McIlroy may have been talking about Alan Shipnuck’s bold prediction after the American Presidents Cup rout last fall.

Or similar assertions from TV analysts.

“The Ryder Cup is dead – you just don’t know it yet,” Shipnuck wrote. “One of the greatest events in sport is on the verge of irrelevancy. The young, talented, hungry golfers from the United States, benefitting from the cohesive leadership of the Task Force era, are going to roll to victory in 2018 in Paris.”

European Ryder Cup captain Thomas Bjorn won’t find words that will motivate the Euros more than that as he watches his prospective players jockey to make the team.

And, boy, did they jockey last weekend.

The Euros dominated across the planet, not that they did it with the Ryder Cup as some rallying cry, because they didn’t. But it was a heck of an encouraging start to the year for Bjorn to witness.

Spain’s Jon Rahm won the CareerBuilder Challenge on the PGA Tour, England’s Tommy Fleetwood started the week at Abu Dhabi paired with American and world No. 1 Dustin Johnson and won the European Tour event, and Spain’s Sergio Garcia won the Singapore Open in a rout on the Asian Tour.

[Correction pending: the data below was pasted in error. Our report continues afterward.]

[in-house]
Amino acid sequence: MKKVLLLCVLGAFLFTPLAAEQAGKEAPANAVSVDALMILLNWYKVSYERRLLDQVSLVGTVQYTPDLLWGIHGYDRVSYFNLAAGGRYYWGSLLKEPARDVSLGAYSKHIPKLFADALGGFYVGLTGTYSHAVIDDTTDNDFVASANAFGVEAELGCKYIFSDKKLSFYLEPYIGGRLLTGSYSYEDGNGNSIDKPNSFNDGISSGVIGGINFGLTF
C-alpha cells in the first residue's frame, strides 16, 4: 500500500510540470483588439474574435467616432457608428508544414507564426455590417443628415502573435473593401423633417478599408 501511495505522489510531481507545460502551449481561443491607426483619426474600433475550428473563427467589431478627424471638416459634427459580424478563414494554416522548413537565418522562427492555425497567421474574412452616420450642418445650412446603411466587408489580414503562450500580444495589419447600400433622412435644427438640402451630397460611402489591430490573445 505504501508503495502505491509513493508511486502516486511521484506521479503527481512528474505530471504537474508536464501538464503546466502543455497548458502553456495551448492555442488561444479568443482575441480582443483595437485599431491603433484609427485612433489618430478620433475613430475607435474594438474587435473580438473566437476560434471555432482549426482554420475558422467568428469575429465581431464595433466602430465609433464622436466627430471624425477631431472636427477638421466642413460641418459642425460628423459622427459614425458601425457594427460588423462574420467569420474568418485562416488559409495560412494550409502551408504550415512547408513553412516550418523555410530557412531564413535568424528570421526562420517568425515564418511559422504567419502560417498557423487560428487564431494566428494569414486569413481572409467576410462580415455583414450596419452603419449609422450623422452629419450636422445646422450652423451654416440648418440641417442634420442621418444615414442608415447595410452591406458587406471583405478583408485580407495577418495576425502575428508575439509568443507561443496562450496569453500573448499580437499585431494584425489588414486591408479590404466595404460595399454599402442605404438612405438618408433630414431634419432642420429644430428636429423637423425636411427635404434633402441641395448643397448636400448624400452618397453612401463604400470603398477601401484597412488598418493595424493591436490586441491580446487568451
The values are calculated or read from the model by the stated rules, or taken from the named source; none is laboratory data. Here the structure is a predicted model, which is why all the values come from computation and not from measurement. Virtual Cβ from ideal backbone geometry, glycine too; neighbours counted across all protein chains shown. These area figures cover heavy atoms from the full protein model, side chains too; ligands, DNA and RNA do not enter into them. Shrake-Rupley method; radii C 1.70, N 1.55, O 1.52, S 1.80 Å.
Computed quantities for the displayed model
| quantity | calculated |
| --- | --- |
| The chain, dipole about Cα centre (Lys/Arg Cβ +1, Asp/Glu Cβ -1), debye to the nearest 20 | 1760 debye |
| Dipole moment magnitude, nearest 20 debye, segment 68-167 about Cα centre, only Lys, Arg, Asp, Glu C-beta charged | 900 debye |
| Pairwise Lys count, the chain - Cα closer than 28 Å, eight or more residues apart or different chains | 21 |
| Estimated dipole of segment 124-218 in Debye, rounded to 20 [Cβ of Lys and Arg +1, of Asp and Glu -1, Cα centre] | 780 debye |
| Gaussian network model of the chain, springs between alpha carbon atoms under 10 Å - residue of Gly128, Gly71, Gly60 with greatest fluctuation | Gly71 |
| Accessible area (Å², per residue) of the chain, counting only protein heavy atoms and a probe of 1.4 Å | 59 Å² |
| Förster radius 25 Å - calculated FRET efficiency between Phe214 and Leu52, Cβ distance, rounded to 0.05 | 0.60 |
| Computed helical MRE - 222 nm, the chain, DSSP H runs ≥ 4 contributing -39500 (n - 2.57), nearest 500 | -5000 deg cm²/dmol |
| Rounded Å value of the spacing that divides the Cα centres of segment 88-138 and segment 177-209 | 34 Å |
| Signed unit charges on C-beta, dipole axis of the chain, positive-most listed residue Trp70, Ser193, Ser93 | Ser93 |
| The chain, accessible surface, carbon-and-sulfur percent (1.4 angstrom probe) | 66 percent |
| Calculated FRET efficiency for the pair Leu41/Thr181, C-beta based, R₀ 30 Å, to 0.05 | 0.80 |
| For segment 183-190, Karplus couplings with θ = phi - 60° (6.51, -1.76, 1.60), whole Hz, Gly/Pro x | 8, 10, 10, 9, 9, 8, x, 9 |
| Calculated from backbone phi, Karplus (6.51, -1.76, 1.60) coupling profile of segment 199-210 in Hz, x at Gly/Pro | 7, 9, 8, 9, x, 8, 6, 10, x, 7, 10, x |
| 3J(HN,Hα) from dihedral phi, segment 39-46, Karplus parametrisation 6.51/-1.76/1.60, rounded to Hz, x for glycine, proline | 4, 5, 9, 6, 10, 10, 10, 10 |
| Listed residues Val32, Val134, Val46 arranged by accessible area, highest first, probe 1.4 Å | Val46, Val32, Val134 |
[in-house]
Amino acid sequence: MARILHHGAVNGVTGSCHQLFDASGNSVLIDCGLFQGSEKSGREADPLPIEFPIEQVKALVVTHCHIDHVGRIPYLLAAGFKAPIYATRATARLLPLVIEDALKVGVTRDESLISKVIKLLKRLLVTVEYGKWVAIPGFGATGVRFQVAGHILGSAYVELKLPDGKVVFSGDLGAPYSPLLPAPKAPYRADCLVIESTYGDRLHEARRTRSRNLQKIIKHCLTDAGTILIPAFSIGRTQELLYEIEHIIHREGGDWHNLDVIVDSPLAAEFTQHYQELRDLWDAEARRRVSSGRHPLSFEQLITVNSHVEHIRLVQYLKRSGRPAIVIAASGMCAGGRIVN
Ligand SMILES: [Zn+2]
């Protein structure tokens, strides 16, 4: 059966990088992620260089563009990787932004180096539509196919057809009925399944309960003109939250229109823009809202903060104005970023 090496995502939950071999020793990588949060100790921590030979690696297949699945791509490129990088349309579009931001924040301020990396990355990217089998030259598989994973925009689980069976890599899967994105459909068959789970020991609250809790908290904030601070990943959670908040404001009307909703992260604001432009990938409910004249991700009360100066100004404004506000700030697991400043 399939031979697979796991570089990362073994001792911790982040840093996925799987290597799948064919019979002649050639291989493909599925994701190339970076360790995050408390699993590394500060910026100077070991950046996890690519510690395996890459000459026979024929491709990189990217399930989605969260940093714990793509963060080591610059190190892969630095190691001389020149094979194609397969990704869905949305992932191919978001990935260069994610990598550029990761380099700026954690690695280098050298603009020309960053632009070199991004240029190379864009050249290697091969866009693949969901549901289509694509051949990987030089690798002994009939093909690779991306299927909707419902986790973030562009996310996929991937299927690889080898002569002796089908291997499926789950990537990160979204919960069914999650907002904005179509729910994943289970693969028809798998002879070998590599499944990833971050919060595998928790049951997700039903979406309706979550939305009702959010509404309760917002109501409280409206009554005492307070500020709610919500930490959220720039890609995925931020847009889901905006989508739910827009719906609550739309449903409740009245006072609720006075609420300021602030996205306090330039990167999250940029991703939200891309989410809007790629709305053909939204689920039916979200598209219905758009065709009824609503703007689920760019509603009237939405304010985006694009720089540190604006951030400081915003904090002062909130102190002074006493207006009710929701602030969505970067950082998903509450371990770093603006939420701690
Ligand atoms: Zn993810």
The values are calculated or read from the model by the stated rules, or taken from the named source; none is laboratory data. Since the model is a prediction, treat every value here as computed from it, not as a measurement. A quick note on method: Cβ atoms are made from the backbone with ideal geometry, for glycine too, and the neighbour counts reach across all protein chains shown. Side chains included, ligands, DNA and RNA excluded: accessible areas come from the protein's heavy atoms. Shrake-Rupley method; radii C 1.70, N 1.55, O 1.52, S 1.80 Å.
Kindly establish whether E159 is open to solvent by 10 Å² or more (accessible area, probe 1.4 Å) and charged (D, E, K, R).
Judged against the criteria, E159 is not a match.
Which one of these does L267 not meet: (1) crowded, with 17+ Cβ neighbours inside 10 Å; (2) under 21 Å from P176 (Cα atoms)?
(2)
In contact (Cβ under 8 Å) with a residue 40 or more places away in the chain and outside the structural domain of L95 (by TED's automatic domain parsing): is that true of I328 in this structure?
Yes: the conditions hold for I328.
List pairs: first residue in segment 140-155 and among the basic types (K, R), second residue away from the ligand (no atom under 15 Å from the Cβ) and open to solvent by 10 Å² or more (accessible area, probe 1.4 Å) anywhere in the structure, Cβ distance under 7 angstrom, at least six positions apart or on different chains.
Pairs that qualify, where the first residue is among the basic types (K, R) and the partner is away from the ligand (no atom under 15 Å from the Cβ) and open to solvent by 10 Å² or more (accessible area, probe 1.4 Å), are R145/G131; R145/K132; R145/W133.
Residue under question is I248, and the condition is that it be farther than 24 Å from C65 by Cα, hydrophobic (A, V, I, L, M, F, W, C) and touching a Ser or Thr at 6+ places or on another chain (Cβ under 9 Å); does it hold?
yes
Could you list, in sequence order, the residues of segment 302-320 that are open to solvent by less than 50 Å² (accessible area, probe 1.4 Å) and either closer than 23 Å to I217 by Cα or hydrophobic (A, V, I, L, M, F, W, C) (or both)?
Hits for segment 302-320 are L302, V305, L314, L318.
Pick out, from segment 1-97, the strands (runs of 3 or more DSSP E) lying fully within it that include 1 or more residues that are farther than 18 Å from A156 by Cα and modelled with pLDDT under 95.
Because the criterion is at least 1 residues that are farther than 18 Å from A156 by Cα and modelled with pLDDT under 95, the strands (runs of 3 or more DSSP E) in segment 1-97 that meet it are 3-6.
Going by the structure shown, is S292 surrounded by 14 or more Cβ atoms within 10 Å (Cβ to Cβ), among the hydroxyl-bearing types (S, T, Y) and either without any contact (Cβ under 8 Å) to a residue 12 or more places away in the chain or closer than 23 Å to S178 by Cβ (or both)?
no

And McIlroy looked close to being in midseason form, tying for third in his first start in three months.

Yes, it’s only January, and the Ryder Cup is still a long way off, with so much still to unfold, but you got an early sense from McIlroy how much defending European turf will mean to him and the Euros in Paris in September.

The Masters is great theater, the U.S. Open a rigorous test, The Open and the PGA Championship historically important, too, but the Ryder Cup touches a nerve none of those do.

The Ryder Cup stokes more fervor, provokes more passion and incites more vitriol than any other event in golf.